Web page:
What BrightonSEO 2017 told me about good copywriting

by ttucker23 on November 10, 2017

BrightonSEO VW van BrightonSEO for copywriters


I spent  two days at BrightonSEO this year. It was a blast, as always, and a great help in understanding how copywriting needs to shift with the demand of SEO.

I held a content marketing workshop on day one with some creative and inspiring people. On day two I attended some of the expert presentations that BrightonSEO has to offer.

Over the course of the two days I had discussions, answered questions, and generally got involved in conversations about the state of the SEO industry.

Here are some of the things that I picked up there, that will inform my work as a copywriter and content marketer.

Technical SEO is a massive deal

Christoph Cemper gave an excellent overview of how broken links can really harm your SEO. Fixing this issue led to over 500% increase in traffic to the website.

Action: Do a proper link audit. If you don’t have anyone on it, hire an agency or a freelance expert.

Update your top performing blog posts

Jo Turnball and Daniel Furch showed how updating your best content can lead to better SEO opportunities. This is not only a more efficient way to create content, but gives you better bang for your buck.

Action: Use your web analytics to find your best performing content, and re-publish it with updated material.

Make Mobile your number 1 priority for content

Duane Forrester of Yext gave us a massive wake up call on mobile. This will be the most important factor in Google’s index next year.

It’s also where your audience is spending most of its time. Stunning stat: Over 50% of our mobile time is spent on apps, not the web browser.

Action: Review your most important content from a mobile perspective. How does it look on mobile devices? Can readers read it/scan it well?

Audience engagement is getting more immersive

Jes Scholz of Ringier Emerging Markets showed us how audience engagement is on a journey. From photos, to video, to 360 video and now Augmented Reality and Virtual Reality.

AR and VR is going to open up huge opportunities for marketers to engage in ever more powerful ways, with the launch of iPhone 8 / iPhone X and Samsung’s latest models fuelling progress.

Action: Experiment with AR and VR features in your content. Soak up what’s happening and consider what your brand can do with these new tools.

Google cares about quality content more than ever

Gary Illyes of Google told us that every update Google makes to its algorithms is about the quality of a site and its content. And there are 2 or 3 updates to Google a day.

This is a reminder that we should stay focused on the audience, and not Google. If it’s changing this quickly, we’re better off focusing on the end game – the value our content has for our audience.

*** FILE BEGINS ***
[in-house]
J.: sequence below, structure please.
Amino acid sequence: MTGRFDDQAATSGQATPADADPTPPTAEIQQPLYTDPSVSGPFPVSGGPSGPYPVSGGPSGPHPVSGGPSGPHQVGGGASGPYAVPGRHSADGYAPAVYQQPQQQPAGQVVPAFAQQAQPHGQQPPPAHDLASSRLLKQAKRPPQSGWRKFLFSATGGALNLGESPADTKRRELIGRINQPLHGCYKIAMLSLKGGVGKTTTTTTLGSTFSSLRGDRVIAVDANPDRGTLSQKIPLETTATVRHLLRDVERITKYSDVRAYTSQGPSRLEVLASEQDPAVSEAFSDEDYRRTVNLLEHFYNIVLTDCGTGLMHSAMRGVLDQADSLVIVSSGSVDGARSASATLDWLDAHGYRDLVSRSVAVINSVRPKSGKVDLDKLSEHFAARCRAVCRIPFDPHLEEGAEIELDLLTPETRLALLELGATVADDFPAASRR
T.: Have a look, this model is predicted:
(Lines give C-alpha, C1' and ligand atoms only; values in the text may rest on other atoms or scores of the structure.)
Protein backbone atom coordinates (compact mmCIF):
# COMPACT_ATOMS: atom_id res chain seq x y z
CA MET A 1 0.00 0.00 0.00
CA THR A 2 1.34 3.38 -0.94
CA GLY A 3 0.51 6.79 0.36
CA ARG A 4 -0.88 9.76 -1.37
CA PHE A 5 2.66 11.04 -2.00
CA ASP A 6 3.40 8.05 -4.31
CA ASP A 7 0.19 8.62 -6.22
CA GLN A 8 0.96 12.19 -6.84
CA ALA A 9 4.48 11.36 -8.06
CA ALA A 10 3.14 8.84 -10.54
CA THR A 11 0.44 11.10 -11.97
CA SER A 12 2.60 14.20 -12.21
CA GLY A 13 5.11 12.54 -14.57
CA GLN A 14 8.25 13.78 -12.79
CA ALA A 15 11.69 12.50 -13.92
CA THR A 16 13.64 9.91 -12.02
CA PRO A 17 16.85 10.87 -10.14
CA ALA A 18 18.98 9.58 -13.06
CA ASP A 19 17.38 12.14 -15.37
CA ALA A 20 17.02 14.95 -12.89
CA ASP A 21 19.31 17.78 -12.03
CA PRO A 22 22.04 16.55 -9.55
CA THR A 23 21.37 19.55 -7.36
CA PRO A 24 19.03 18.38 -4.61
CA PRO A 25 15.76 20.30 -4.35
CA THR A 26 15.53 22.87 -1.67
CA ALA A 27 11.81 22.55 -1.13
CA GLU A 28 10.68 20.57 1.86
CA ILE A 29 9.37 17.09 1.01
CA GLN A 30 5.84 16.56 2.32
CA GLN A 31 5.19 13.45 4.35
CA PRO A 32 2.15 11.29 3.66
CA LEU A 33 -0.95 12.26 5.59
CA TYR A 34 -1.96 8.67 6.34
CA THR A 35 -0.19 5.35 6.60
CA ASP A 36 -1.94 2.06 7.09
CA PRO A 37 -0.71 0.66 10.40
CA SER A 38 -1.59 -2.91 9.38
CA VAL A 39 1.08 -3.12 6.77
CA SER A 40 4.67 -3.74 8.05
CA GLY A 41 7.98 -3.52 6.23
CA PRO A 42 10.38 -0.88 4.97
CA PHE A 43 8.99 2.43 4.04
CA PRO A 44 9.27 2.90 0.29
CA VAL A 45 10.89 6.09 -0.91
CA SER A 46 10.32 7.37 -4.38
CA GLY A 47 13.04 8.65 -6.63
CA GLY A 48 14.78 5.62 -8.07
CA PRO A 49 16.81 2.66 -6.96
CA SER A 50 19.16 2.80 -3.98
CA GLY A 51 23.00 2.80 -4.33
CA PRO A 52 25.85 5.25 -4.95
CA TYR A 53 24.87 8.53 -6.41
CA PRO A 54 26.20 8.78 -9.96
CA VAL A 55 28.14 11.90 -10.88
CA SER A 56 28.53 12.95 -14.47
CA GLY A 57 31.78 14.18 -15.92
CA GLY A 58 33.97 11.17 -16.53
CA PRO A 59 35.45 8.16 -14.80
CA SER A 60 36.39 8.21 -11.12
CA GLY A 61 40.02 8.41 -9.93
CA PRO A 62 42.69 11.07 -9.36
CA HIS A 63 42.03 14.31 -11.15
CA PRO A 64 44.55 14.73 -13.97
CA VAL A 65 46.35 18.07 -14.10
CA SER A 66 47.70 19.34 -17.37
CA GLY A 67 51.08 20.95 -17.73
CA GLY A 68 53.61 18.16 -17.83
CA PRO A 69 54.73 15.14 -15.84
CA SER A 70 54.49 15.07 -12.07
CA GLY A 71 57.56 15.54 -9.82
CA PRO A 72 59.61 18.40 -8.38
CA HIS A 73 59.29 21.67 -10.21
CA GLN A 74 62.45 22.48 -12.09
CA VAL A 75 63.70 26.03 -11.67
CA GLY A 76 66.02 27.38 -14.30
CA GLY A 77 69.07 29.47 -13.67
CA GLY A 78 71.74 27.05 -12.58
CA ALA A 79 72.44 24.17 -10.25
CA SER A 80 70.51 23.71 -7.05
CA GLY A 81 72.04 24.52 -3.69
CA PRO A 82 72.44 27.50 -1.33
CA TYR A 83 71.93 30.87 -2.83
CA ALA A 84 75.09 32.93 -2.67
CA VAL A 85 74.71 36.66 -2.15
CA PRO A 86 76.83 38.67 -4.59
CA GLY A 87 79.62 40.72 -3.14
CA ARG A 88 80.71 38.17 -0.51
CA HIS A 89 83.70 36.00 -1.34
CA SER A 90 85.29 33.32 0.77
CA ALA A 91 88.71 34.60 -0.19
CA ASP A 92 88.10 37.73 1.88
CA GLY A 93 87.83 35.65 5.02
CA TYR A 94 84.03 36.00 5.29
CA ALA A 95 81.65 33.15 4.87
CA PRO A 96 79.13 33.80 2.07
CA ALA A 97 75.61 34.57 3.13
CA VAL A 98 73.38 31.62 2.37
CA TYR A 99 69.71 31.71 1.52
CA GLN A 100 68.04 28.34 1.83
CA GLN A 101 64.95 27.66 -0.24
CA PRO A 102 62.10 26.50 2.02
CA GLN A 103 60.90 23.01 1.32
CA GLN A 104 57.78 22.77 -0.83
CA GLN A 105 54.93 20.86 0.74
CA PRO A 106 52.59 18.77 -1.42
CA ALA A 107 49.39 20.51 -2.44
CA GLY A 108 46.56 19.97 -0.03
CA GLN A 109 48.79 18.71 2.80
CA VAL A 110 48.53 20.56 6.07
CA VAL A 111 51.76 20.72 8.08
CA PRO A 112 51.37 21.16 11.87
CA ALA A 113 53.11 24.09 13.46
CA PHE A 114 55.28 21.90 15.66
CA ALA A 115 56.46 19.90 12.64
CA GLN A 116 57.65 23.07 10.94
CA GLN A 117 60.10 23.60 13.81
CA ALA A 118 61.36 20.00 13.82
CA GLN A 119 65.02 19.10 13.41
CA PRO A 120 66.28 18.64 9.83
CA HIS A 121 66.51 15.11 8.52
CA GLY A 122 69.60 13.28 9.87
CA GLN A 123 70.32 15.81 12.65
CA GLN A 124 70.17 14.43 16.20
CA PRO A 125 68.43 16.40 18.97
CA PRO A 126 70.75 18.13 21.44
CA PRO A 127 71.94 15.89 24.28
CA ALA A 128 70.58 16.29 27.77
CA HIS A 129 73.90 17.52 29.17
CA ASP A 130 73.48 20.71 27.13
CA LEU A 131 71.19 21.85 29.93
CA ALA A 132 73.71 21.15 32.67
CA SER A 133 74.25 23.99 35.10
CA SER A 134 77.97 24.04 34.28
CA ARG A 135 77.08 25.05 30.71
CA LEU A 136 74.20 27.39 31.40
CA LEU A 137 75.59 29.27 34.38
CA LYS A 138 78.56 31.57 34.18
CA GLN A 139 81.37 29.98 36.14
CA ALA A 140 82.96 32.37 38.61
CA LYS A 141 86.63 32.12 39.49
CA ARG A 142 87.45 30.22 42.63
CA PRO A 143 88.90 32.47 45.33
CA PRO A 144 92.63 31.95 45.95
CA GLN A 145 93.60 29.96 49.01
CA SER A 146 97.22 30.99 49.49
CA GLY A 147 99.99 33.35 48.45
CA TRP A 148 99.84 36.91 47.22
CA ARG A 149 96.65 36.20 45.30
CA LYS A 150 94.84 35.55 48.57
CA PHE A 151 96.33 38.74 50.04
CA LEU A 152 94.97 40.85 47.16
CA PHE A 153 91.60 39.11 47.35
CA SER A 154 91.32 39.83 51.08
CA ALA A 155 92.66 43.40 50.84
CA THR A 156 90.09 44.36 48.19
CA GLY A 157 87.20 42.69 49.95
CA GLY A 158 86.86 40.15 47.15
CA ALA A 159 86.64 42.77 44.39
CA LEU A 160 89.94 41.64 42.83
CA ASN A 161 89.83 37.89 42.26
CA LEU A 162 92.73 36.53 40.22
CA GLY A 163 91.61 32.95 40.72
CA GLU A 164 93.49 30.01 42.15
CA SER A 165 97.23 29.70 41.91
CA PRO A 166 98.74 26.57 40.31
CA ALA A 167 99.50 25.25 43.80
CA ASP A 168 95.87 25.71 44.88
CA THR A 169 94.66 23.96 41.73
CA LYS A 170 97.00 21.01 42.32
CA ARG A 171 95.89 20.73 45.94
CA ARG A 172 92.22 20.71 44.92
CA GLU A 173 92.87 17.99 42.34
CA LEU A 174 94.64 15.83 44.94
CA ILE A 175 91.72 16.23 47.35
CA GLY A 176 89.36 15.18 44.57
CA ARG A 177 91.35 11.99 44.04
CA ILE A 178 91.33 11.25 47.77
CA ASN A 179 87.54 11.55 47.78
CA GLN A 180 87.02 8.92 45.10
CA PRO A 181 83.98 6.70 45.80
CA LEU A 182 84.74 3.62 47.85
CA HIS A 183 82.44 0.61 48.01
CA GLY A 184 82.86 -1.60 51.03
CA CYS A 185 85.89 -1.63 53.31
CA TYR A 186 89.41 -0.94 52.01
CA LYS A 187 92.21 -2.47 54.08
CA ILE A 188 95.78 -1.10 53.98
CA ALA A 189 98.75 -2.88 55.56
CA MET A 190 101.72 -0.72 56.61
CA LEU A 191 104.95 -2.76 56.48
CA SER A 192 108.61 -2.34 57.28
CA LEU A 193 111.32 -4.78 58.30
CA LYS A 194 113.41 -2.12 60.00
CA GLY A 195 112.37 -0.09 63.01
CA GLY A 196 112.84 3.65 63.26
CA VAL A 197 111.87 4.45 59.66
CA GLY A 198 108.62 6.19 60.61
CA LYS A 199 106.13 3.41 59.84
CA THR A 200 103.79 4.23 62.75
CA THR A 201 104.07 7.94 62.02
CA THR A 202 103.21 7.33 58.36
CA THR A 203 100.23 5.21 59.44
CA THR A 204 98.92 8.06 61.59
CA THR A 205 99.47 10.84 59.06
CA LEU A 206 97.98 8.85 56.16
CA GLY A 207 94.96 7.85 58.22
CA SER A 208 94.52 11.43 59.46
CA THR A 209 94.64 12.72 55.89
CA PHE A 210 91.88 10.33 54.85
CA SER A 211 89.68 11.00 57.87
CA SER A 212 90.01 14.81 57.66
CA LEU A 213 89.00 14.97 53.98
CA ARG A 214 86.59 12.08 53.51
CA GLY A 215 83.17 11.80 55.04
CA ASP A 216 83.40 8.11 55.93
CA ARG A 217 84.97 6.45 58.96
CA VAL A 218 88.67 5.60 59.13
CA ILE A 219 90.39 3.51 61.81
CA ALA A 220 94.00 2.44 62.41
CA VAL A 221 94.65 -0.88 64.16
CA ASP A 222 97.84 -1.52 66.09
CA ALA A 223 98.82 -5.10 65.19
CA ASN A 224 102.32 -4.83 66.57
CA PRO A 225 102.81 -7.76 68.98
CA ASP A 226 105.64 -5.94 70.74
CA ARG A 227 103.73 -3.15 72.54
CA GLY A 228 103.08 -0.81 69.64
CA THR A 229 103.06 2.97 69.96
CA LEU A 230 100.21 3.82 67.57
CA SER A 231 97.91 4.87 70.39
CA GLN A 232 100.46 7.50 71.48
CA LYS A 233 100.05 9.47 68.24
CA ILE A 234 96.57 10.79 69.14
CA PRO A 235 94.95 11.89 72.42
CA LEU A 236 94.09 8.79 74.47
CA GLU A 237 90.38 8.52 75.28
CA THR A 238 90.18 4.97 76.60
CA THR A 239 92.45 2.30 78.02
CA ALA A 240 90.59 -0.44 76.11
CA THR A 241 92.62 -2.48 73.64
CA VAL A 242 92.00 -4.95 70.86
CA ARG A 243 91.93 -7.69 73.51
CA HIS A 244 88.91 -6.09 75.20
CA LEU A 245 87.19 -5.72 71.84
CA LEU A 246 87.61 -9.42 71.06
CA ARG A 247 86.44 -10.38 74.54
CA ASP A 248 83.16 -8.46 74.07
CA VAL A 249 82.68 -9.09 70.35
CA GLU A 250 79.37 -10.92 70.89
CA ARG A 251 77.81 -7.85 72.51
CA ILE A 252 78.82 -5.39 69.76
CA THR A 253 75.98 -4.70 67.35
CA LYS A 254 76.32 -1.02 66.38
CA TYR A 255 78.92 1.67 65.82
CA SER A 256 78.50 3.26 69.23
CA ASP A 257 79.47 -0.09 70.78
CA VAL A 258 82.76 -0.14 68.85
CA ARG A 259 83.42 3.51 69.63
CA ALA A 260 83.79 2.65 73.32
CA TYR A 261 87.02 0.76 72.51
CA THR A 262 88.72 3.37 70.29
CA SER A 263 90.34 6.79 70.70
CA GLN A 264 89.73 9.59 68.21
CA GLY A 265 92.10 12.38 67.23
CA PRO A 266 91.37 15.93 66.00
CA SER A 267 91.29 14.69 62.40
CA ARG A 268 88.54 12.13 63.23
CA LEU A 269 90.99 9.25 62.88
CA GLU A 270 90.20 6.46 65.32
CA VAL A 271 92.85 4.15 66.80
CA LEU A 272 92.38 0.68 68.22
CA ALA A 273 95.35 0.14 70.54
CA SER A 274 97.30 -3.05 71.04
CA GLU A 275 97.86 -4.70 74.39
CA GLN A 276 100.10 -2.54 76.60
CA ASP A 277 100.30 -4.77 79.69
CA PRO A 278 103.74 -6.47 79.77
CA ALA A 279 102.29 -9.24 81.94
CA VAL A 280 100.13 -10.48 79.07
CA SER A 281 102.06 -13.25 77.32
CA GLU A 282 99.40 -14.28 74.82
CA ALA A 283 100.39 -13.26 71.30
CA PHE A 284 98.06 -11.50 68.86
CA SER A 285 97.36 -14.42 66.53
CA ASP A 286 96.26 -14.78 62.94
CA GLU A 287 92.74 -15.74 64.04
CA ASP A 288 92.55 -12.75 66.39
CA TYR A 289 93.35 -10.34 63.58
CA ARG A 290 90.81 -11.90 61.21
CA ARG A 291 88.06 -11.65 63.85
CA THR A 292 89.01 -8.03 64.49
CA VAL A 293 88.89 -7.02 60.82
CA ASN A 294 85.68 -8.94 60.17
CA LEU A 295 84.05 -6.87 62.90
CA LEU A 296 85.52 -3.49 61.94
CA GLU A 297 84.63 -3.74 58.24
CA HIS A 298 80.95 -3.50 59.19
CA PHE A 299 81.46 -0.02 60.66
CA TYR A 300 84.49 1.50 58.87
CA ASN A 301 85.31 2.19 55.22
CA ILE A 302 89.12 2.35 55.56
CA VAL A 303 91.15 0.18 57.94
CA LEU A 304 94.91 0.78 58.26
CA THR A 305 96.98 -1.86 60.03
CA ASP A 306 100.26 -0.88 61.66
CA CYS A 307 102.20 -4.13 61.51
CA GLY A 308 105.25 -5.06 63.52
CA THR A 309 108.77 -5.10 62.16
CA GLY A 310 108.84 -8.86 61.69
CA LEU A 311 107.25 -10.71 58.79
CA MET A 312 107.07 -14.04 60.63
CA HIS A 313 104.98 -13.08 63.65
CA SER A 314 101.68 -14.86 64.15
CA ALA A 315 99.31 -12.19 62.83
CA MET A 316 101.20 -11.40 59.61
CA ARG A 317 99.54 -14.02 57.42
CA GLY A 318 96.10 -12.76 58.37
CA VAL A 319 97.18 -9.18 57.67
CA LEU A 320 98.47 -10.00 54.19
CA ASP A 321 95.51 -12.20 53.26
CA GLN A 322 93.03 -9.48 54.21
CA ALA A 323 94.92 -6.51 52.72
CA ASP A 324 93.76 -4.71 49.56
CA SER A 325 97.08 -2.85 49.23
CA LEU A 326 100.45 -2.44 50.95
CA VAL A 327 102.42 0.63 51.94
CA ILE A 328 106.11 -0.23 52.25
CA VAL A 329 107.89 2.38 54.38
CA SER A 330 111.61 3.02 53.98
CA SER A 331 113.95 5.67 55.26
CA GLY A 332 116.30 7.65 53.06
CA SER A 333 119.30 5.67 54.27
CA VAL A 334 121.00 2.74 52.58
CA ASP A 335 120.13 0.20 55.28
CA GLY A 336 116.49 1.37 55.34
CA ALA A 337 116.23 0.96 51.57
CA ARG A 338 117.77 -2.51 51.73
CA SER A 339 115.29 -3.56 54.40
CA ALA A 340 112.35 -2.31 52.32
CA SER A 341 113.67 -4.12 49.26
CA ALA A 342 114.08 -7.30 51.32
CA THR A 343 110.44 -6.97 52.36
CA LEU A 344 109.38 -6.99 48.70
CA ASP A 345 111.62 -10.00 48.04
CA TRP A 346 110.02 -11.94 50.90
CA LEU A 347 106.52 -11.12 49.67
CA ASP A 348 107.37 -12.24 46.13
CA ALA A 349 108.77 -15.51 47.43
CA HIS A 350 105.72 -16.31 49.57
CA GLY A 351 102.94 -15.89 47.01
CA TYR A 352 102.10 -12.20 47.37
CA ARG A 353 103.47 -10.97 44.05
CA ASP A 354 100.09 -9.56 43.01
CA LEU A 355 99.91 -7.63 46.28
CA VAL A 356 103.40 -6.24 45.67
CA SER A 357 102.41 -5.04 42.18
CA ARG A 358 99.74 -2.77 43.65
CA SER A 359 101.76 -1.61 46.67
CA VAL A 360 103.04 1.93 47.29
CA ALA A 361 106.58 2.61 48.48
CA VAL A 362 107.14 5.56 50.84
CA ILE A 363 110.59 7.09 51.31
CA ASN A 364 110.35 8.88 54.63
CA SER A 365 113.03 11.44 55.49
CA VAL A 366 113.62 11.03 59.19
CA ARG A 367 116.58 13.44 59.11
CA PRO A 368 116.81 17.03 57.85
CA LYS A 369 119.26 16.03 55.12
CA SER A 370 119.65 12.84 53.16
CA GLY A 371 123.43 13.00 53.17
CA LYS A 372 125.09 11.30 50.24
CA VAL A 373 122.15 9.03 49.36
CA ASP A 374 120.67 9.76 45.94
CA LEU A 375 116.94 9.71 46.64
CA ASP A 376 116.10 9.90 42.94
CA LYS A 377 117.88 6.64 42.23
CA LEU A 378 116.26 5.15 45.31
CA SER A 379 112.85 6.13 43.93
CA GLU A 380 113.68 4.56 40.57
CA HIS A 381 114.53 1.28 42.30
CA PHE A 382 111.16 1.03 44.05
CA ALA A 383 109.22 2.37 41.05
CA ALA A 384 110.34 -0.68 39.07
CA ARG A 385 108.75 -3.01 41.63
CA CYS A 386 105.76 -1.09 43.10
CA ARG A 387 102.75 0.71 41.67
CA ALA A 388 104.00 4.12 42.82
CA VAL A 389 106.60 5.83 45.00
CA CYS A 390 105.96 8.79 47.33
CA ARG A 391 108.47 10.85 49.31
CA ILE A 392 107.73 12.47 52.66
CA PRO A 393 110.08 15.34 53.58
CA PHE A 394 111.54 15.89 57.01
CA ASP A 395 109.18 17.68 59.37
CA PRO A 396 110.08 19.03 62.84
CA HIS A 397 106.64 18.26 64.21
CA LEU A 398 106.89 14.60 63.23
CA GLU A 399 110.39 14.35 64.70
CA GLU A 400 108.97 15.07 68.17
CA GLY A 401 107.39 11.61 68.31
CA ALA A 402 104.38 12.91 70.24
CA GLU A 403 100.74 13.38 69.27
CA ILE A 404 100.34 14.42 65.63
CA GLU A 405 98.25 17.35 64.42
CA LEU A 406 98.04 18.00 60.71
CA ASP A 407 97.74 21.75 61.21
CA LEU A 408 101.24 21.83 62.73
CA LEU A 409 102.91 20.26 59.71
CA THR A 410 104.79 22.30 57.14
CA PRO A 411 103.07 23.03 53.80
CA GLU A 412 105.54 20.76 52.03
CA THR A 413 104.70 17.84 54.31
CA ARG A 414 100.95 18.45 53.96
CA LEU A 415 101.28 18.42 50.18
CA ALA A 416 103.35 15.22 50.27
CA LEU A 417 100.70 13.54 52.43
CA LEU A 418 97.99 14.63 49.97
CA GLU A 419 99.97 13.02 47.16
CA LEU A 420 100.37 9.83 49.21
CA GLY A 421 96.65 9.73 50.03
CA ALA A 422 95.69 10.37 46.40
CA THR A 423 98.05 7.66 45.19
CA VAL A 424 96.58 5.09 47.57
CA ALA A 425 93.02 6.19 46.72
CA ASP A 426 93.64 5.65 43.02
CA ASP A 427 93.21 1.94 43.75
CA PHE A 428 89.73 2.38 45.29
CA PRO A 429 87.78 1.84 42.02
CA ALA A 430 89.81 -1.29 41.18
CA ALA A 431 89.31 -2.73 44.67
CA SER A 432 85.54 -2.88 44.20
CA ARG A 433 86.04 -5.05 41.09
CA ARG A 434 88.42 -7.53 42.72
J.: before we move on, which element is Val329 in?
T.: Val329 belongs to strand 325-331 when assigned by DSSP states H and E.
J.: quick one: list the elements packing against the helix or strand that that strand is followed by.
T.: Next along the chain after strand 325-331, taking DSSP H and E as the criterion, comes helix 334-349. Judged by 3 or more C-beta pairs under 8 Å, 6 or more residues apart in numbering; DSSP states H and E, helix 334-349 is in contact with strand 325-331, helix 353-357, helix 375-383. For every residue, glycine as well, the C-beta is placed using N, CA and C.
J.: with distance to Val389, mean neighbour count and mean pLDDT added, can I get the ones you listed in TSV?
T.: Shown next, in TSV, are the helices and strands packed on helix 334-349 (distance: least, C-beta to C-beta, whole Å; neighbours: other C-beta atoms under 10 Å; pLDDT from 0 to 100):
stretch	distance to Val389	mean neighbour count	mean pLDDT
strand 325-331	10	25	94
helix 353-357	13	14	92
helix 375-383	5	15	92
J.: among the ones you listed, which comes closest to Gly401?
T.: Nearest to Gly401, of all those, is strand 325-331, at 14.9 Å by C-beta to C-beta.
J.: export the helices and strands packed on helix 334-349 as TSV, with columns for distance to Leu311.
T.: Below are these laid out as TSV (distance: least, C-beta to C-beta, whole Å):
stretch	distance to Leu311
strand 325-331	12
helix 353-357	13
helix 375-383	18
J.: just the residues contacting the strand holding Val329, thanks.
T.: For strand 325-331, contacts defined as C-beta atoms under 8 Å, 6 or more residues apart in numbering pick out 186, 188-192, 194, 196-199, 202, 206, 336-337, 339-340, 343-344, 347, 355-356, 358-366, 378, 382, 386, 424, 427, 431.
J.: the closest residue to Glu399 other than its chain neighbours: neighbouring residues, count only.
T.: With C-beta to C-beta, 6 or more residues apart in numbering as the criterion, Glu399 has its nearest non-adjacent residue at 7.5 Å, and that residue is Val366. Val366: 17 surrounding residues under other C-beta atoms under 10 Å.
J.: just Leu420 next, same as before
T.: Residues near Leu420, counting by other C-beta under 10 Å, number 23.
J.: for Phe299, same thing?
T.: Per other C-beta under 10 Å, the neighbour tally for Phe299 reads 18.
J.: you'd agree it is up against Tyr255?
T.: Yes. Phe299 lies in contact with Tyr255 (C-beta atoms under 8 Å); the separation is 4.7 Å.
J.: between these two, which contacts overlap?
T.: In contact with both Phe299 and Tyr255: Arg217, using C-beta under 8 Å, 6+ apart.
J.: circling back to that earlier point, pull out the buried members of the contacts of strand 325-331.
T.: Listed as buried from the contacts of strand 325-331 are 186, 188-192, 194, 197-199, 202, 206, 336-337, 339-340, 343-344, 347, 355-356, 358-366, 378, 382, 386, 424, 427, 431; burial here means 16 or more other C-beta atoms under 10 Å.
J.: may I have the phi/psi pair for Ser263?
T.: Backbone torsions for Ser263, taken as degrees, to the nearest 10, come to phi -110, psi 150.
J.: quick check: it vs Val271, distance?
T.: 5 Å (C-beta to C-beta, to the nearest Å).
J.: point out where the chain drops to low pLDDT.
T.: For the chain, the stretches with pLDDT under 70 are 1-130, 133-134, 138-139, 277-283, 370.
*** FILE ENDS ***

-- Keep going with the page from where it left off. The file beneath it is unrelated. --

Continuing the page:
We knew this, didn’t we? But still, it’s always worth reminding ourselves – the audience comes first.

Action: Make ‘content value for the audience’ a key factor in how you assess your content’s quality.


SEO is a fast changing sector, but the fundamentals remain.

I missed many of the other great presentations, but you can find most of them on the SiteVisibility website.

I’ll be running another content marketing course at BrightonSEO in April 2018, so let me know if you’re going.


Copywriting apps

I run regular 2-day copywriting courses, and we cover a lot of ground in that time. But people often ask me: ‘How can I remember and implement all of this advice?’ So below I’ve listed three copywriting apps that have helped me, and many other writers, to avoid common mistakes and create consistently good copy.

The links below are to web apps, which are available online through your standard web browser. They’re all free, so check them out for yourself and see if they work for you (some ask for personal data before you can use them).

Please note – I don’t get any commercial benefit form you using these copywriting apps. These are objective and unbiassed recommendations.

1. Hemingway app

Hemingway copywriting app.

Use it: www.hemingwayapp.com

It’s easy to slip into bad copywriting style, such as:

  • Passive voice
  • Long complex sentences
  • Unnecessarily long words

Good writing style is a habit that’s formed with practice. The Hemingway app speeds up this process by showing where you might be going wrong.

Paste your copy into the app and it will highlight passages that have potential issues. It’s an awesome time-saver and a handy reminder of what to look out for in your copy.

2. Coschedule headline analyzer

Coschedule headline analyzer copywriting app.

Use it: coschedule.com/headline-analyzer

Headlines are essential. A good headline will turn a browser into a reader.

I’m a little wary of an algorithm telling me what works, but I find this tool gives you some useful feedback on how to improve what you’ve written, including: